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Discussion Starter · #6 · (Edited)
From the Marrick reference the famous Earnshaw made 1784 Wright 2228 and others. Perrhaps he made this one 2437? At least we know this example is newer than 1784. It is a jeweled movement but not the cylinder which seems a lot like the 50 year earlier George Grahm cylinder. I have 1737 Grahm 5571 that for finish quality looks inferior to the Wright.
 

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It appears to have four hands...what other functions? Oh sorry, I see its a stopwatch, so hours, minutes seconds, stop-seconds I guess!
 

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Great watches by great names in the world of Horology, especially the Graham. I wouldn't say
the Graham looks inferior to the Wright...square pillars, diamond endstone and I know the Graham
is a Ruby cylinder. In fact both these watches would undoubtably be of the highest quality and
technology available 250+ years ago, amazing condition for their age.
Great pics.

The wright has three hands, the center seconds having a very long counterpoise.
 

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Discussion Starter · #9 · (Edited)
Was Brequet first with the ruby cylinder? Grahm first to make a practical cylinder. The source for the 1737 Grahm who had it for many years said it was not a ruby.. He otherwise accurately described the case, dial and hands an 1812 update. Hope Radger is right. It will be a first if he is not. Now I have to get my lazy self looking for accurate movement description.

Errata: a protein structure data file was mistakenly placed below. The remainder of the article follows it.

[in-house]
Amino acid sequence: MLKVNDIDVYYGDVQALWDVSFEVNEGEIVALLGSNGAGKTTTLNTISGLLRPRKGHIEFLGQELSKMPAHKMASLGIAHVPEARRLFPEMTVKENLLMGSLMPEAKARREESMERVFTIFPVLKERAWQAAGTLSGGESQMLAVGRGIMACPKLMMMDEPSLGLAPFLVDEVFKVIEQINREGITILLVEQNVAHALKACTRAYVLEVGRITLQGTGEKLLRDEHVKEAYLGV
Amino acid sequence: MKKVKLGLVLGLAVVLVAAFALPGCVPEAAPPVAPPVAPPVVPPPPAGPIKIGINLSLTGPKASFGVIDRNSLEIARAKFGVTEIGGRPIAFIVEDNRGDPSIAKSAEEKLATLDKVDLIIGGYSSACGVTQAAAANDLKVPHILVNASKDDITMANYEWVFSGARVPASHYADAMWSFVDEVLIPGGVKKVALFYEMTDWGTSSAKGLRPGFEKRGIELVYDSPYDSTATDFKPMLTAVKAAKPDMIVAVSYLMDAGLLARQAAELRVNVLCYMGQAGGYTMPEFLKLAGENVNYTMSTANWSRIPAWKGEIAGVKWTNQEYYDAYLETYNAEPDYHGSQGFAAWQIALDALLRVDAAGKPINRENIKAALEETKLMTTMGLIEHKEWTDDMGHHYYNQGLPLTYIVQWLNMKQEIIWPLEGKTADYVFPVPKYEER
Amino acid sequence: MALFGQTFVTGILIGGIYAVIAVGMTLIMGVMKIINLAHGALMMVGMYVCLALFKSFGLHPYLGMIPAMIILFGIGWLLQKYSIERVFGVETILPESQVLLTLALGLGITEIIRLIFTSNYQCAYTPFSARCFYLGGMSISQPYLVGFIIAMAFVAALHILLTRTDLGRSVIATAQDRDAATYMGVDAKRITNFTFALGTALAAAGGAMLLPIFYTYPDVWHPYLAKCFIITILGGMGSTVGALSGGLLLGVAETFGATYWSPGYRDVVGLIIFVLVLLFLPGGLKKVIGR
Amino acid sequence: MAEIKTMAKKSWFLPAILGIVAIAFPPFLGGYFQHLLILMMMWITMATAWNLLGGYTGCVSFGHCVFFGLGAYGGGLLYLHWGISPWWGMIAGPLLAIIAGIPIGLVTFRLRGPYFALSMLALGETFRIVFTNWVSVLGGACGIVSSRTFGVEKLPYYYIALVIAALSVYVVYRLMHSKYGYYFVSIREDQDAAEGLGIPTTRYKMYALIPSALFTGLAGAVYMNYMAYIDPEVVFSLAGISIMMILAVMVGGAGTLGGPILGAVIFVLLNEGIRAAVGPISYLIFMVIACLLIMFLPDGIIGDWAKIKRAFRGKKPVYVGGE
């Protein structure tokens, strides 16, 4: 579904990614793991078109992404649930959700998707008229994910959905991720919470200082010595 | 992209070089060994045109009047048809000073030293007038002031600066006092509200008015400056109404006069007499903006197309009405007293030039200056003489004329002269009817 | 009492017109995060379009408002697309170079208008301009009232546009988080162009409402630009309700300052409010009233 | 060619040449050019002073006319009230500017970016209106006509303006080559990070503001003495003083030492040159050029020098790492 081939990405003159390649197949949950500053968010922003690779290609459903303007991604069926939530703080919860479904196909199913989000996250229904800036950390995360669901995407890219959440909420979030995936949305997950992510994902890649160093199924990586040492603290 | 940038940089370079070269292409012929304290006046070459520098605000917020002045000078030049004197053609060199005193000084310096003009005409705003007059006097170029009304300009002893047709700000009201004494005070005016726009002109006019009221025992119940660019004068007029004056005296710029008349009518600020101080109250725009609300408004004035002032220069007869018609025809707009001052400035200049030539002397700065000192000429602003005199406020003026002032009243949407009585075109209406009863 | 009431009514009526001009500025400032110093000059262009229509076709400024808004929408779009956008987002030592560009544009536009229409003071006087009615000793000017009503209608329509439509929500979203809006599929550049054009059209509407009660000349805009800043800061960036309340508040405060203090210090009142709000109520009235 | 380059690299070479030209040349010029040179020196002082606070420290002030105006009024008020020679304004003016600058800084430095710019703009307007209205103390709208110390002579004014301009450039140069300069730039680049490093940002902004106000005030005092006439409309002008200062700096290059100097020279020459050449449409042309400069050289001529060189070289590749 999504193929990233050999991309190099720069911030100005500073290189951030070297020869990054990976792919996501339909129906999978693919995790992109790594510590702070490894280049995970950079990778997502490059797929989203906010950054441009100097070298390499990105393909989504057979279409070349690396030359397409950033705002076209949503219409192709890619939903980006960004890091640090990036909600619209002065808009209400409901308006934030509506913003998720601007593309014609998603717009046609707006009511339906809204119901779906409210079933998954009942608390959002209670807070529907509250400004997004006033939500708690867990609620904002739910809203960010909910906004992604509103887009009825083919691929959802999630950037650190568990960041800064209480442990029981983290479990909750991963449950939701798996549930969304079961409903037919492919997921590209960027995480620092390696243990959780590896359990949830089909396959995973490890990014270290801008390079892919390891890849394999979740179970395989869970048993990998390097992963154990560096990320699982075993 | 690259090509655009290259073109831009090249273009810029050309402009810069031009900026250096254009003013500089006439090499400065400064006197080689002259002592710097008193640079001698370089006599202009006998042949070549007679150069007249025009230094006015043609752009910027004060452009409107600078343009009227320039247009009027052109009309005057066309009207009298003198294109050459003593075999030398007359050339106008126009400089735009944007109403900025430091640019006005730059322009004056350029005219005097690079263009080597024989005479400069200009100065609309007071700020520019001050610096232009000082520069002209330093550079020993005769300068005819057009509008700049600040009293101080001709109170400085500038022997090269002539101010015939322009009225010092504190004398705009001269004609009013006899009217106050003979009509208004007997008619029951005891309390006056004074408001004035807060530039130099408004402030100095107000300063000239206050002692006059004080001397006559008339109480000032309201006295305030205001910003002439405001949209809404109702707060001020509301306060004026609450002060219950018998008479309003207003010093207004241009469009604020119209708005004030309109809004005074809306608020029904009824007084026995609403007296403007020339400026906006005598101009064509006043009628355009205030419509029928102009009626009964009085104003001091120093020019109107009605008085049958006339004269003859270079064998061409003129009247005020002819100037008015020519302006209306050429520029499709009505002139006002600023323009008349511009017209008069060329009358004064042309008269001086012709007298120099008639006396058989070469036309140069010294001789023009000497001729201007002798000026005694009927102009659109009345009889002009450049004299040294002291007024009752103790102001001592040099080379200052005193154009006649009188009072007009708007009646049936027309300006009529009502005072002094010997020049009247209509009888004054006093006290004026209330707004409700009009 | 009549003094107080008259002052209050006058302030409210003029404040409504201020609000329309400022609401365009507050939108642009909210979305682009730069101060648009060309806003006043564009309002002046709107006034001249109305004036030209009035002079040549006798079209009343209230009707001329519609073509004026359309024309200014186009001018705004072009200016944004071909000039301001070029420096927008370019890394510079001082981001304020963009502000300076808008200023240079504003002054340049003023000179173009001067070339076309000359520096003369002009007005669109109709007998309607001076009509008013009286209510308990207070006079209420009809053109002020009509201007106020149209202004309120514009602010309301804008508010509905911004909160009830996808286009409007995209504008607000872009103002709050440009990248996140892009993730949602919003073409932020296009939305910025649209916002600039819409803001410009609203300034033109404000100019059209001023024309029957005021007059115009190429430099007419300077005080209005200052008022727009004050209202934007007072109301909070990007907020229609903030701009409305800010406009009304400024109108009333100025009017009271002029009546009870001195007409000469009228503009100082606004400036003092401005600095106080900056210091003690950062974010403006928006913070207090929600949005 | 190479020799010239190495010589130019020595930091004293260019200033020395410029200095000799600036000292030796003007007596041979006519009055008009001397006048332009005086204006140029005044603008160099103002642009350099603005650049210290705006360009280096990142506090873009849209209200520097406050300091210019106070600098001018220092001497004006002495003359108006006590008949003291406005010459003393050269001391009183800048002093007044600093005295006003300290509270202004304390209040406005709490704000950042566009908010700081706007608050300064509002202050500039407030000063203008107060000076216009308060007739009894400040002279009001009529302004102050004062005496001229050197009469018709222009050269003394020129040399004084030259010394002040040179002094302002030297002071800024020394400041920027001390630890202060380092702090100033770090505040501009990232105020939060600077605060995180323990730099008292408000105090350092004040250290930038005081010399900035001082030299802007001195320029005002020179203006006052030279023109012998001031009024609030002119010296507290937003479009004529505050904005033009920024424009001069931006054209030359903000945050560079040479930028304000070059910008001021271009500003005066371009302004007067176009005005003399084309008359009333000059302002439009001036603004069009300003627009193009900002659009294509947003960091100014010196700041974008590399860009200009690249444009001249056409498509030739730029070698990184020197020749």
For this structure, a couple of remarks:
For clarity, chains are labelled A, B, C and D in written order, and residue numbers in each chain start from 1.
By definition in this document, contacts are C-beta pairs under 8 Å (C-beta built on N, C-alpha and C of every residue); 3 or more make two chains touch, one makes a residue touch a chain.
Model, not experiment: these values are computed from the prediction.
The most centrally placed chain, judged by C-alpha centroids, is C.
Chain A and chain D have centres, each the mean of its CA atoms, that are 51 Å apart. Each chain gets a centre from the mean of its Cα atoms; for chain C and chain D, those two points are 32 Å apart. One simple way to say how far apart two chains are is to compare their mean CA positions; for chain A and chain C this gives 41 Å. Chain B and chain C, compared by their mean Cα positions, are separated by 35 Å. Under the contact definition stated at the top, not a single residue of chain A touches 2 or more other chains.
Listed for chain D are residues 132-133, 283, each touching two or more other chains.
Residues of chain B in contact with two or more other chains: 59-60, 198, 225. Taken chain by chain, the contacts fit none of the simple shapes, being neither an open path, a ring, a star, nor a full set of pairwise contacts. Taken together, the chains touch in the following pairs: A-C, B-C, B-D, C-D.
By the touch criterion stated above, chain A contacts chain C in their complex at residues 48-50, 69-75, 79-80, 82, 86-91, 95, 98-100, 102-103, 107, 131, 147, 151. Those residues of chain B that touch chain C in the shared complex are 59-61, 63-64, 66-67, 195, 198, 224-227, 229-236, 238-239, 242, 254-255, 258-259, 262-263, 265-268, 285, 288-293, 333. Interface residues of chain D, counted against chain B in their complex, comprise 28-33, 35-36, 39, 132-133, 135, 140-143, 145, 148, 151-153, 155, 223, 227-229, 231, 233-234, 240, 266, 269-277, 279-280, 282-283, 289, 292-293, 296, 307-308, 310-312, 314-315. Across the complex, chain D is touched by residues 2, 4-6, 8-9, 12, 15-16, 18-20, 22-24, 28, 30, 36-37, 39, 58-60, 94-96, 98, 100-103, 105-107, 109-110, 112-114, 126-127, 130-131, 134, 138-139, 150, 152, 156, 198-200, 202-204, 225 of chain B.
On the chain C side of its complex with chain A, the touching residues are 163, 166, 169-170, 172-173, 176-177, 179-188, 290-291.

Later: Read that the cylinder ruby surface was probably first used by John Arnold 1764. Brequet most famous for its use. Grahm died 1751. Maybe in later Grahm named watches.
 

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OOps, my bad, artB.
My memories going, did you ever post an antique English
watch with a Ruby cylinder?
I wonder where I dragged that nugget from.
 

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Discussion Starter · #11 ·
Never had a ruby. Actually nice to know The Perfectionist is normally human and can make a simple error.
 

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:-d
Haha, I'm far from a perfectionist in most things. I'll take your comments as
a compliment as I do try to be accurate even though I don't always succeedo|
 
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